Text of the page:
BUFFALO, NY (WKBW/BBB) - The new rules on limits to credit card interest rate increases and penalty fees are mostly good news for consumers according to the Better Business Bureau (BBB), but consumers must remain cautious. The Credit Card Accountability Responsibility and Disclosure (CARD) Act of 2009 mandated major changes for the credit card industry. Some changes occurred on February 22. Another round takes effect this Sunday, August 22, 2010.
The new rules limit penalties for paying your bill late and eliminate fees for not using your card. They also prohibit credit card companies from charging you more than one fee for a single event or transaction that violates your cardholder agreement.
“If you pay your bills on time, you probably don’t worry about late fees but so many of us miss those deadlines,” said David Polino, Better Business Bureau President. “Many households are still struggling to make ends meet. Granted there’s a lot of good news from the new credit card act, but if you miss a payment or go over your credit limit, you’ll still get hit with extra fees. They may be more reasonable fees however it’s still more cash out of your pocket so the best policy may be to pay on time.”
BBB offers some of the new credit card rules taking effect Sunday according to the Federal Reserve Board are:
- Reasonable late-payment penalty fees. In the past you paid the same late fee whether your minimum required payment was small or large. The new rule says that your credit card company can’t charge you more than $25 for a late payment unless you’ve been late on one of your last six previous payments, in which case it can increase the fee to $35. The company can’t charge you a late payment fee that’s more than the minimum payment you owe. So if your minimum payment is only $10 this month, $10 is all the company can charge you as a late fee.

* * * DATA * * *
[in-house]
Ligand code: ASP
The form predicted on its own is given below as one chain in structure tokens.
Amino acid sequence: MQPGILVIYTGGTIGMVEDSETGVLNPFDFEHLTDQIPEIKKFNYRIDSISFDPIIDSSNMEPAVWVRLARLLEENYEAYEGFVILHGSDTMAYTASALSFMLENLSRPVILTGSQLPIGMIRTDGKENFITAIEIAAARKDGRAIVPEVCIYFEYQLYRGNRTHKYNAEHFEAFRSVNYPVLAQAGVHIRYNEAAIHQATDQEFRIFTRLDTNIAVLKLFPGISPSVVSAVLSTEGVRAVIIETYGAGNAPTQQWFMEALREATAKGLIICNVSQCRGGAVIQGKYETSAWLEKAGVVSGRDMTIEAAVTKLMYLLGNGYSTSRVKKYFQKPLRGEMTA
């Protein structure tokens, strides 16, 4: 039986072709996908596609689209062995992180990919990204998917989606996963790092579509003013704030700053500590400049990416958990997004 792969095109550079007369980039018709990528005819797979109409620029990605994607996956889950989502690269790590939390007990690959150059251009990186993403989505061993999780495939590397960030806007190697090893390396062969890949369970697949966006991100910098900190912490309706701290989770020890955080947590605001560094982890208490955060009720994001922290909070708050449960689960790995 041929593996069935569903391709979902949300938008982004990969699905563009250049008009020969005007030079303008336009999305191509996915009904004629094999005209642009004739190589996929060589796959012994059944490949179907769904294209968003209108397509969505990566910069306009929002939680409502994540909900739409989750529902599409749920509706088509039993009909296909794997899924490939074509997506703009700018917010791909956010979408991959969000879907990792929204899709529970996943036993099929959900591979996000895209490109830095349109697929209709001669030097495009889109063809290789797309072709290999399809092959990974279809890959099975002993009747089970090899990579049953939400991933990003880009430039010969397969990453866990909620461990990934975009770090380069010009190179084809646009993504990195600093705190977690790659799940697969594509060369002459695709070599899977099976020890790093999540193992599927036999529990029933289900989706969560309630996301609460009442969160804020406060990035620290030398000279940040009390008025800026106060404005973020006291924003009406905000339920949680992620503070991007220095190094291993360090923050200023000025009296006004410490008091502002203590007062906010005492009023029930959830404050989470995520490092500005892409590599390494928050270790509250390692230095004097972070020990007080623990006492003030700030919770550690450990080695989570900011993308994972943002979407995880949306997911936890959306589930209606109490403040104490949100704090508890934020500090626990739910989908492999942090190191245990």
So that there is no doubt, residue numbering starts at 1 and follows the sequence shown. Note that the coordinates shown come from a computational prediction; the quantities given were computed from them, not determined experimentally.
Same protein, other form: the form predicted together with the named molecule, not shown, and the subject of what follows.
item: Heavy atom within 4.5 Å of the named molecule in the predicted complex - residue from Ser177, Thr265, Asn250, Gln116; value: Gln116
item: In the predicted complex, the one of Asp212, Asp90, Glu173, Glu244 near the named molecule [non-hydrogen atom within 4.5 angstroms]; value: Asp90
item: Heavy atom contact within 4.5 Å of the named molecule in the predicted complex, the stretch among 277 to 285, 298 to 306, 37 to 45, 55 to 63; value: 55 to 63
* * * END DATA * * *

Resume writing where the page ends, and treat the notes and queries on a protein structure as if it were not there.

- No inactivity fees. Credit card companies no longer can charge a fee for not using your card enough.
- One-fee limit. You can’t be charged more than one penalty fee for the same transaction.
- Explanation of rate increase. If your credit card company increases the Annual Percentage Rate (APR) it charges you, it has to tell you why.
- Re-evaluation of rate increases. If your credit card company does increase your APR, it has to re-evaluate that rate increase every six months. If it decides to lower your rate based on that evaluation, it has to do so within 45 days after completing the evaluation.
The rules that took effect in February required credit card companies to give you 45 days notice for interest rate changes and gave you the ability to opt out of changes and pay off your balance over five years. The rules also put restrictions on credit cards for persons under 21 years’ old and required companies to eliminate double billing cycles. More information about the new credit card rules taking effect on Sunday can be viewed here at the Federal Reserve Board web site.